Histone deacetylases (HDACs) are enzymes that mediate the removal of acetyl groups from numerous acetylated proteins (including histones) and some are associated with the cell cycle, inflammation, apoptosis and cancer. HDACs have been found to be involved in a wide range of diseases and conditions and represent promising drug targets.  There are eleven zinc-binding mammalian HDACs including 4 class I, 4 class IIa and 2 class IIb proteins.

The Fairlie Research Group at The University of Queensland (UQ) has exploited structural differences between Class I and IIa HDACs to develop two generations of new compounds that are potent and selective inhibitors of class IIa HDACs.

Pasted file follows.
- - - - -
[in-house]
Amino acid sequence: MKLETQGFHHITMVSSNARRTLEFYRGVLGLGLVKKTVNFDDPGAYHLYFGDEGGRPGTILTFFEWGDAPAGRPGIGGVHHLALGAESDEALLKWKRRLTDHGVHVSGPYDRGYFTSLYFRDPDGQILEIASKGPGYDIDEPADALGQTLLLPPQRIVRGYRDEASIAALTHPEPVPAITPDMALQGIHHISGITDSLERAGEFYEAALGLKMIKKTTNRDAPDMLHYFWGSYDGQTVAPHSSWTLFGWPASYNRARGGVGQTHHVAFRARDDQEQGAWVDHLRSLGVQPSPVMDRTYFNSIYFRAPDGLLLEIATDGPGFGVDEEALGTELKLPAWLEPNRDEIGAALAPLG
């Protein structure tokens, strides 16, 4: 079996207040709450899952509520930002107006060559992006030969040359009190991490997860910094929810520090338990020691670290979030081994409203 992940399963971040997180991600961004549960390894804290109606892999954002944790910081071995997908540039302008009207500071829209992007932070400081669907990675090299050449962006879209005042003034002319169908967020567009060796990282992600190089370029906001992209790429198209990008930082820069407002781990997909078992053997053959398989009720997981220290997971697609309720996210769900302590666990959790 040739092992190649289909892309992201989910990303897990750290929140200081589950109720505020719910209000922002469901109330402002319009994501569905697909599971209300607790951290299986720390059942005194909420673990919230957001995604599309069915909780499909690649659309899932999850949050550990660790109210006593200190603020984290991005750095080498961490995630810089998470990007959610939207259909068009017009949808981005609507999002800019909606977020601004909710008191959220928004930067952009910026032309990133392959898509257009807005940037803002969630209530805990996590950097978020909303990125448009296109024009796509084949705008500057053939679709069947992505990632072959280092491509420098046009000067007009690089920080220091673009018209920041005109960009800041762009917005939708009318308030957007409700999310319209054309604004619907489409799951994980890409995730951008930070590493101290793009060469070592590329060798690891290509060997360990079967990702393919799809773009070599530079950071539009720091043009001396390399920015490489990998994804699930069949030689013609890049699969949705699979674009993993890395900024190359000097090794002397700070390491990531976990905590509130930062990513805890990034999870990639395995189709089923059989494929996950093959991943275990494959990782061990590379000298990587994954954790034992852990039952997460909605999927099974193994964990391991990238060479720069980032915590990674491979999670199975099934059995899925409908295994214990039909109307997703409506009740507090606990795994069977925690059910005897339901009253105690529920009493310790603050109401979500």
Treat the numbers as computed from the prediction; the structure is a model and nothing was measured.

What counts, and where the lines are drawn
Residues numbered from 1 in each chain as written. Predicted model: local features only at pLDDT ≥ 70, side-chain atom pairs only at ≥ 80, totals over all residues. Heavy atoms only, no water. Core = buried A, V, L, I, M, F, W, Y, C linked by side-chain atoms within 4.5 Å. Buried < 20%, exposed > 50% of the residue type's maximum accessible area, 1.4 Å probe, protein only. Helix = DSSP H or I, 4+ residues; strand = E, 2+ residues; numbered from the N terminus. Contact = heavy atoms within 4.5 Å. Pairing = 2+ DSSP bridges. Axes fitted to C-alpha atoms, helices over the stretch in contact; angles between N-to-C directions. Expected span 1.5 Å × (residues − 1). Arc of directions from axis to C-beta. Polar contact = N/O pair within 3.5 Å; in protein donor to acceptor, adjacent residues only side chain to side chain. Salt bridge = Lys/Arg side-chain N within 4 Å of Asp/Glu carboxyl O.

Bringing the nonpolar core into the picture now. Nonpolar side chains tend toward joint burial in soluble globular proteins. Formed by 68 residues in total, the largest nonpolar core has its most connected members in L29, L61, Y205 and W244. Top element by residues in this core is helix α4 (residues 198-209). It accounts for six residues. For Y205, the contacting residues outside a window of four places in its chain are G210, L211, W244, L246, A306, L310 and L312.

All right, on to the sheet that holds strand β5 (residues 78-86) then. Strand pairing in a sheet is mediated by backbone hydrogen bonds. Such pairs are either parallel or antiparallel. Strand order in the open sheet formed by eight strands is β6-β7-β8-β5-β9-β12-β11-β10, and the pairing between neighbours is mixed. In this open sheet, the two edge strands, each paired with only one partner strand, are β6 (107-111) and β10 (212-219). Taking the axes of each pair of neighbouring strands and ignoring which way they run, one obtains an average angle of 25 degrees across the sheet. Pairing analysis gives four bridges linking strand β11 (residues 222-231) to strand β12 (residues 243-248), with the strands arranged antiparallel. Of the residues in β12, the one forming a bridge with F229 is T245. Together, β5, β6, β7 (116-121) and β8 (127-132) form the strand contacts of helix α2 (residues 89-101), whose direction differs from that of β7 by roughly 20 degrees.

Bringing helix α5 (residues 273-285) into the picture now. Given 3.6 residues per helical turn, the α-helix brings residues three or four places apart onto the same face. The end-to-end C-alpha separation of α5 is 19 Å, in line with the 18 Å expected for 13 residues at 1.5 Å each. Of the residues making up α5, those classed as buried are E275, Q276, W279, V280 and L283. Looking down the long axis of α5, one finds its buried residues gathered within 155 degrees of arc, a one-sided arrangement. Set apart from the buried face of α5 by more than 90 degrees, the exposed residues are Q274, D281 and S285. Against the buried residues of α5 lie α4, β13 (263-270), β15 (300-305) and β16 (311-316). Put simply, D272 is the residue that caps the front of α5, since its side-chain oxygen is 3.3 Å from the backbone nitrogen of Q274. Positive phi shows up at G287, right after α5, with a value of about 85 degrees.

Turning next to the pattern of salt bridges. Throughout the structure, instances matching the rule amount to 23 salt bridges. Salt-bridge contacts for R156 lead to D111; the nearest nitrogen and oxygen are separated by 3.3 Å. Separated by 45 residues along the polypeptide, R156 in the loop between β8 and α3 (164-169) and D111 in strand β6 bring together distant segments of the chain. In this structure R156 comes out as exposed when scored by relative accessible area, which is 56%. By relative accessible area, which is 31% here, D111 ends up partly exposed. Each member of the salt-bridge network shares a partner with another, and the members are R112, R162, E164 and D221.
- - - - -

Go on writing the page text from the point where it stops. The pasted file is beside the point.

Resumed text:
Inhibitors of Class IIa HDACs have the potential to treat many inflammation-related pathologies.

Key features

  • New potent and selective inhibitors of class IIa HDAC enzymes
  • No induction of cellular histone H4 acetylation, unlike most inhibitors of HDACs
  • Potential for modulating class IIa HDAC functions in vivo with fewer cytotoxic side effects than other HDAC inhibitors.

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